Chemical Vapor Deposition in the Corona Discharge of Electrostatic Air Cleaners

Jane H. Davidson, Peter J. McKinney

Research output: Contribution to journalArticlepeer-review

21 Scopus citations


The purpose of this experimental study was to determine if corona-enhanced chemical vapor deposition of silicone found in personal care products can cause silicon-oxide to grow on the discharge wires of electrostatic air cleaners. To test the hypothesis, a wire-cylinder precipitator was operated with a positive corona discharge for 180 hours with an air/octamethylcyclotetrasiloxane mixture. The 30.5 cm-long precipitator has a 200 μm-diameter tungsten wire suspended in a 3.3 cm-diameter aluminum tube. The silicone, called cyclomethicone in product ingredient lists, is commonly found in deodorants, hair care products, lotions, and cosmetics, and it is volatile at room temperature. Experiments were conducted at current and voltage levels typical of the charging section of commercial indoor air cleaners. Concentration of the cyclomethicone vapor was approximately 1000 ppm. Results confirm that the presence of this silicone vapor in positive corona discharge creates amorphous silicon-oxide deposits on the wire. The extent and composition of the deposit were determined with scanning electron microscopy and energy dispersive spectroscopy. As the silicon-oxide deposit grew in thickness, the normally uniform corona became sparsely spaced tufts. Current was reduced until the corona was completely suppressed. After 180 hours, the deposit was 79 μm thick. Current was reduced 95% from 0.09 mA to 0.004 mA at an operating voltage of 7.5 kV. In an indoor air cleaner, such a decrease in the magnitude and uniformity of current would reduce particle charging and collection efficiency.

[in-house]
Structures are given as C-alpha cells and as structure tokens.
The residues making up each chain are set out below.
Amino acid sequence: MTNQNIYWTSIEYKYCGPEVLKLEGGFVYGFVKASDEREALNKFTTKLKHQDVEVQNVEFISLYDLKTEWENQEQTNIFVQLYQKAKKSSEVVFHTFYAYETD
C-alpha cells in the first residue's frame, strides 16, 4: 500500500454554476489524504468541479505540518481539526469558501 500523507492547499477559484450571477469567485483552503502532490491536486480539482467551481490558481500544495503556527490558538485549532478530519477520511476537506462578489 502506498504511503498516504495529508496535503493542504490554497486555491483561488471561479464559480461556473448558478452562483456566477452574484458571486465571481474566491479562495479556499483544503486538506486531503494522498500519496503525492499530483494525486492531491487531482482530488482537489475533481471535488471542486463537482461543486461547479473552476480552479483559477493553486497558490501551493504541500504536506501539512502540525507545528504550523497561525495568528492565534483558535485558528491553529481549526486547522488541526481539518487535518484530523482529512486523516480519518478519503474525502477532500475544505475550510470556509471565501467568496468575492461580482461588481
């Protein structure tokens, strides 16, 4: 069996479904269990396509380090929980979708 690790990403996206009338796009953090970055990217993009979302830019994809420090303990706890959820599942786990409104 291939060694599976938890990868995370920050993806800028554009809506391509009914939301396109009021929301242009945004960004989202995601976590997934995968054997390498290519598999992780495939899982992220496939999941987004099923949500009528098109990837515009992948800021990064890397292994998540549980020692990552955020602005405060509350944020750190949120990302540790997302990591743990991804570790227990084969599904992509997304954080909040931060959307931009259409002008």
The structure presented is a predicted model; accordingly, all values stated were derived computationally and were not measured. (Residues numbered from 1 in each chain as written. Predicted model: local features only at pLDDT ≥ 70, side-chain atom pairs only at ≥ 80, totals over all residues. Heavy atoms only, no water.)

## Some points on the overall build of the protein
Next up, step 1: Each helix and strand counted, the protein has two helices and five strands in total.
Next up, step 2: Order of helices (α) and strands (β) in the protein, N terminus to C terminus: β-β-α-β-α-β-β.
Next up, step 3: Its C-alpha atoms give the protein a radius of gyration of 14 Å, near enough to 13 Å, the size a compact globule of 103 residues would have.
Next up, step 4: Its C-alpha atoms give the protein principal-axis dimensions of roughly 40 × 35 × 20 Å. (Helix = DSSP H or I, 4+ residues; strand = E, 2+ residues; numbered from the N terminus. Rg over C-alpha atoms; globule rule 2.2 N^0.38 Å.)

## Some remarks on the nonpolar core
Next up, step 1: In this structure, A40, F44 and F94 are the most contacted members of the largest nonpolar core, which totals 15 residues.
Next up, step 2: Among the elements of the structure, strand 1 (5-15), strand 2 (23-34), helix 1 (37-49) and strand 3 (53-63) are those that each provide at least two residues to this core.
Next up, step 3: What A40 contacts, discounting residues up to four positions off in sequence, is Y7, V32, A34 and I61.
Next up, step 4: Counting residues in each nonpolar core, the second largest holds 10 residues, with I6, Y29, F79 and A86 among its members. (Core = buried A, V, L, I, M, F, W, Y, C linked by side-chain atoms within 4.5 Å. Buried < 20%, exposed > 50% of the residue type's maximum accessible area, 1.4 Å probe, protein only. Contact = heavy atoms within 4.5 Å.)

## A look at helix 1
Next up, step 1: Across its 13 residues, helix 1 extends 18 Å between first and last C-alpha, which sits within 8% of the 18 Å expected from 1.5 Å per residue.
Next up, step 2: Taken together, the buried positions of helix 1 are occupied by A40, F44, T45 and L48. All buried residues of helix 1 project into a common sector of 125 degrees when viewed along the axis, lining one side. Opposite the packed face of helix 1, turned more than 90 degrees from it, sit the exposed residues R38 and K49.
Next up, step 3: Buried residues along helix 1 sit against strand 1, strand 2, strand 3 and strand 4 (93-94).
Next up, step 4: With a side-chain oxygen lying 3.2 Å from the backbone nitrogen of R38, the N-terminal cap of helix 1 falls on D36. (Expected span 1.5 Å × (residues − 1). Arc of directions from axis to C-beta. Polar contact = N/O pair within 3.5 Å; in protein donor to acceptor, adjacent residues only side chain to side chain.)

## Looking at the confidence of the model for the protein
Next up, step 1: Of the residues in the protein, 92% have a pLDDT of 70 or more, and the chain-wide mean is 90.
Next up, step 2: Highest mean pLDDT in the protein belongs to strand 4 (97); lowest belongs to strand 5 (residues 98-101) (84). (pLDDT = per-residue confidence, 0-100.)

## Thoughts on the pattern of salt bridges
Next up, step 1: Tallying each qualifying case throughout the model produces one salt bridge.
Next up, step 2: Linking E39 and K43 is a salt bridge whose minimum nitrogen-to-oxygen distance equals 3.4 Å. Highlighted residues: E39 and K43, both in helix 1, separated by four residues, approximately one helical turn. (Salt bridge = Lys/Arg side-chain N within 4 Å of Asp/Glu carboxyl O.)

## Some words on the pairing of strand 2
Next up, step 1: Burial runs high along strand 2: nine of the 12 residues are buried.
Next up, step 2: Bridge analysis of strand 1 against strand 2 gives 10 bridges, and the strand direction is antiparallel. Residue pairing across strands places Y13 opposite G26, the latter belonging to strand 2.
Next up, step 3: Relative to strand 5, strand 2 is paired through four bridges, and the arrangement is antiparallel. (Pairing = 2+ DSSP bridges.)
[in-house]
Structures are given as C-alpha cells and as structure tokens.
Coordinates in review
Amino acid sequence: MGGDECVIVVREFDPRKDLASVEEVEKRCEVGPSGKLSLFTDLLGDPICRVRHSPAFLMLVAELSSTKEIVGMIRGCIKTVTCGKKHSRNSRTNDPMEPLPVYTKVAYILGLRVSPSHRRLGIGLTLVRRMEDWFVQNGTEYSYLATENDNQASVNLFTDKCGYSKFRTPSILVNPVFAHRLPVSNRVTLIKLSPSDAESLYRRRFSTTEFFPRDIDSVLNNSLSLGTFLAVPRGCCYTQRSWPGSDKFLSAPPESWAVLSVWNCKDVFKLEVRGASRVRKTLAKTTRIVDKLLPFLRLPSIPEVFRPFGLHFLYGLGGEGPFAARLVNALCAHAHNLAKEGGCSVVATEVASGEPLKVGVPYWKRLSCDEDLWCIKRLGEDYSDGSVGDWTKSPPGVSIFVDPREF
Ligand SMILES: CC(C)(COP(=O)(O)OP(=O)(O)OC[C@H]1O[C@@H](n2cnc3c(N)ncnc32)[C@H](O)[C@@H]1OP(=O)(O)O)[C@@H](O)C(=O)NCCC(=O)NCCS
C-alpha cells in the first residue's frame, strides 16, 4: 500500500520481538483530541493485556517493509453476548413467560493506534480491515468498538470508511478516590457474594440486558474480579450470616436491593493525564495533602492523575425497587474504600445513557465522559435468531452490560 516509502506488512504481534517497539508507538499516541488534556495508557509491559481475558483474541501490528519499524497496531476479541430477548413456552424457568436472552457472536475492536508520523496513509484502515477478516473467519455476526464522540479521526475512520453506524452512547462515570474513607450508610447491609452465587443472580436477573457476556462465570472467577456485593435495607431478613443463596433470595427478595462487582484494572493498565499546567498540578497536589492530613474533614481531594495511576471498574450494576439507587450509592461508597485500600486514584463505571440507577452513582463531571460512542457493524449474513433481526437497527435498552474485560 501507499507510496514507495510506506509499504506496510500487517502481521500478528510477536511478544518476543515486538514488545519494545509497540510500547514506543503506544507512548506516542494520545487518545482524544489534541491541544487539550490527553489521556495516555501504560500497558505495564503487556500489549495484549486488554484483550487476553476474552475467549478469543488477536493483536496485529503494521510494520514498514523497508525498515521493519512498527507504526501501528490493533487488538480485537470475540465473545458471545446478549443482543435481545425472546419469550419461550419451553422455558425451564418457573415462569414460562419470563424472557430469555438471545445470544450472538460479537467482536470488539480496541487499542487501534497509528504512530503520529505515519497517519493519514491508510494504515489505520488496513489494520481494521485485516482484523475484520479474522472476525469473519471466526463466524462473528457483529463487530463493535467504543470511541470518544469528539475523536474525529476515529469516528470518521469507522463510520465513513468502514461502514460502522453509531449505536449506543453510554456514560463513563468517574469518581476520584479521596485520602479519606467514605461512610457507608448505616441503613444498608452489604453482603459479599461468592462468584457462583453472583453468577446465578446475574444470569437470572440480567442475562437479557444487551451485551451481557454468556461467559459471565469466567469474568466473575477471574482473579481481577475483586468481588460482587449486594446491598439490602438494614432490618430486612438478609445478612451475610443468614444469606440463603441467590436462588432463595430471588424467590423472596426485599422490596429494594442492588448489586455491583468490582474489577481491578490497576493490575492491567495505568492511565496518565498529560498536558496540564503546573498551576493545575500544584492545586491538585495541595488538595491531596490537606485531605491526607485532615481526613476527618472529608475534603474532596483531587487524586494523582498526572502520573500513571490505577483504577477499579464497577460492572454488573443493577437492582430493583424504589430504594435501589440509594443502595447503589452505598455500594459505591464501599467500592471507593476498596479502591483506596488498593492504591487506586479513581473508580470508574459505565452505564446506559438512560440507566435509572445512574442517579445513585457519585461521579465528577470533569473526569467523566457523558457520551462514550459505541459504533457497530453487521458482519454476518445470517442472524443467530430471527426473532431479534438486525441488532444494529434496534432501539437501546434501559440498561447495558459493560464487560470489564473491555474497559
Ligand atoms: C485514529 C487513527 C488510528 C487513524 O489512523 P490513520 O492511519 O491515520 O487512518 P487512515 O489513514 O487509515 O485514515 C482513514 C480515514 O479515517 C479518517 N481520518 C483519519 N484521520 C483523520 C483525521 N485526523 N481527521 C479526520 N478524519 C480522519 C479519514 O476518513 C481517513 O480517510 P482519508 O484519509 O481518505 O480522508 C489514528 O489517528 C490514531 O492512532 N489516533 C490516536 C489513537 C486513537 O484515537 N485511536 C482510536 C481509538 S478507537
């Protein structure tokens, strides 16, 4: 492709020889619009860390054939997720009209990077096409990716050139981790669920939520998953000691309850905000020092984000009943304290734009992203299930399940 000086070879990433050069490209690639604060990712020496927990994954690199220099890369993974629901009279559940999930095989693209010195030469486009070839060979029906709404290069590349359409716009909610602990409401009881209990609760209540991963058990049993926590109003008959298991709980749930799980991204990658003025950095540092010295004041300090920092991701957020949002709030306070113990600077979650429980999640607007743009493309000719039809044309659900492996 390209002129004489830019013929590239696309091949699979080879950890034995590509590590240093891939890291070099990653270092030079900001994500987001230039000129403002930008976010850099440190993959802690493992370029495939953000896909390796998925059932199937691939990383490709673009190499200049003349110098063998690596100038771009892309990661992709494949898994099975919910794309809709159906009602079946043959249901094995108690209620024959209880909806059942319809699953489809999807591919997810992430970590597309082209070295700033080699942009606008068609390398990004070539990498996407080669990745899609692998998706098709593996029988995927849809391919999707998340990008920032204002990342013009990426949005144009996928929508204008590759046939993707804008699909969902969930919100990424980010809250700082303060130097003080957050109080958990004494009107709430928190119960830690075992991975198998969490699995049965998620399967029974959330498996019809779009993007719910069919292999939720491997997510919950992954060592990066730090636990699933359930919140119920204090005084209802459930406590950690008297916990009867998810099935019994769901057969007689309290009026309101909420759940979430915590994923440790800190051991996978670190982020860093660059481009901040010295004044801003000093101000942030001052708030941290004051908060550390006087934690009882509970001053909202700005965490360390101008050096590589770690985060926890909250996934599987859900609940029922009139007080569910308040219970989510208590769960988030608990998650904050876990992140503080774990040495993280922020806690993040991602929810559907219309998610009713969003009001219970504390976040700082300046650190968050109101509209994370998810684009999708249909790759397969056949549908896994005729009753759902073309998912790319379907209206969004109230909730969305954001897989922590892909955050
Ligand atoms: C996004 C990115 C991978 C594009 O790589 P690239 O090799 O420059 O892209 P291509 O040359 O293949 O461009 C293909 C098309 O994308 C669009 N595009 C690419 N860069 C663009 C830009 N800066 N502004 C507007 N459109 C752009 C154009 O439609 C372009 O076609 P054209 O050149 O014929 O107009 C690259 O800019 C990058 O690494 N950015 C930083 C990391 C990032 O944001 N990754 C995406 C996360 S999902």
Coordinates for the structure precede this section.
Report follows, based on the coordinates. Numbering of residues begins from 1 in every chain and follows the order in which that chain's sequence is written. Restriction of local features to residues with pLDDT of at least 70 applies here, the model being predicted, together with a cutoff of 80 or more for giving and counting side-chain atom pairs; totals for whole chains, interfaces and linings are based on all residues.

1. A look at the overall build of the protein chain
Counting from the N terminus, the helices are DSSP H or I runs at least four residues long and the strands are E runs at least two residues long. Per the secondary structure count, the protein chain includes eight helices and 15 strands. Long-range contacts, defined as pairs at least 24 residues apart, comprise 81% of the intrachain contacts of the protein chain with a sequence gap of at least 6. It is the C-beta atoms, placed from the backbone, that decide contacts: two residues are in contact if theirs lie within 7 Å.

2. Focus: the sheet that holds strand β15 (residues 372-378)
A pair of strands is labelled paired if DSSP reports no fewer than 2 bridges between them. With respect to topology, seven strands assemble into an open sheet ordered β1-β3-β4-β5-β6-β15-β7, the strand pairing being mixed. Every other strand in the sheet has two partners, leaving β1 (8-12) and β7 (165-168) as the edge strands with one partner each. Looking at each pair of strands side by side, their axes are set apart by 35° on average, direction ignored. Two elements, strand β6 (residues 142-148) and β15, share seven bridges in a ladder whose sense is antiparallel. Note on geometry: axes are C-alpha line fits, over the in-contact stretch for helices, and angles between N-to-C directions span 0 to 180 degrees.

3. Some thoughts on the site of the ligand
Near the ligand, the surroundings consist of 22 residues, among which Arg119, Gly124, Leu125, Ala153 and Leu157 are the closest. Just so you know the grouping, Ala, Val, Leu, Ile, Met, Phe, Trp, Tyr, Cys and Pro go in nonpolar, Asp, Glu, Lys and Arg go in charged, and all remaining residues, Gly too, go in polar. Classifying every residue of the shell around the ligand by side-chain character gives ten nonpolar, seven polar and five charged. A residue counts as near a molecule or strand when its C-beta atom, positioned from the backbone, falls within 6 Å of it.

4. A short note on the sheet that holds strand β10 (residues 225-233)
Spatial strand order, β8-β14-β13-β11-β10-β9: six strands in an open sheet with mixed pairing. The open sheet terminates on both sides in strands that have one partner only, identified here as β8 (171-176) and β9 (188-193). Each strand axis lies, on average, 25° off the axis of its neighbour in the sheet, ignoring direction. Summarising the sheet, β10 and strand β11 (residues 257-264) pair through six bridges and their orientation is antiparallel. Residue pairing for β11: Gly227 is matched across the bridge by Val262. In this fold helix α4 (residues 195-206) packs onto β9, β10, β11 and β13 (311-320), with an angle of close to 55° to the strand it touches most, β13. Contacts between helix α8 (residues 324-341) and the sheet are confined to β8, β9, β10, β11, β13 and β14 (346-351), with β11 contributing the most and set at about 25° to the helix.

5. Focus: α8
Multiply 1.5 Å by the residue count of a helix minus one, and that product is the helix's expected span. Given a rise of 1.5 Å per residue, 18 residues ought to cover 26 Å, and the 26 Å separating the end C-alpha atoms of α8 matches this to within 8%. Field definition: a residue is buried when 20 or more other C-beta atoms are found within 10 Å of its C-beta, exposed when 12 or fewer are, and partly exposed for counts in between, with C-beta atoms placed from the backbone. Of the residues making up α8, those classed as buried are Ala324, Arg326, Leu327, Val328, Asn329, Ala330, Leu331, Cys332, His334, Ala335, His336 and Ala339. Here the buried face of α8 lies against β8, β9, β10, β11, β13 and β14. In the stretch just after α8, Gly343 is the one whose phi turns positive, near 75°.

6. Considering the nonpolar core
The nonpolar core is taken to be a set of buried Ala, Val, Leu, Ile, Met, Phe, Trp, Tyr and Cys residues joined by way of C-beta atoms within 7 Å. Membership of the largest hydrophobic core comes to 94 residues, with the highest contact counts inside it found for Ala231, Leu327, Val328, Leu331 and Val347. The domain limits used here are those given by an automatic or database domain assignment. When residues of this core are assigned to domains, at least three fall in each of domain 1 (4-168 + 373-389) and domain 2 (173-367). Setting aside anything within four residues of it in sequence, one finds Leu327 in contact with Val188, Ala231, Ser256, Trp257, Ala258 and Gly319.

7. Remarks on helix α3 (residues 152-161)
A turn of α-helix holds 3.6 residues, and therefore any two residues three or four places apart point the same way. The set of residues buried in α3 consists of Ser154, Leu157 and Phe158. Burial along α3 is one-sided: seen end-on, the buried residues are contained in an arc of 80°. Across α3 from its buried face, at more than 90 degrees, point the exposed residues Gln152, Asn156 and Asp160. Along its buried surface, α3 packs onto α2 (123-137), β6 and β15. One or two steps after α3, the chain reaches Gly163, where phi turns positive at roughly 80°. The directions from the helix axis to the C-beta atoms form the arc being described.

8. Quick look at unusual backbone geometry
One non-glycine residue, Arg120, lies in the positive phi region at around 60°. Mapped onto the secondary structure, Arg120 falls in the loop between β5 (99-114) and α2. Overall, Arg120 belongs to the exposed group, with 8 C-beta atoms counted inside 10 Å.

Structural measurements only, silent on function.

Original languageEnglish (US)
Pages (from-to)102-110
Number of pages9
JournalAerosol Science and Technology
Issue number2
StatePublished - Jan 1 1998


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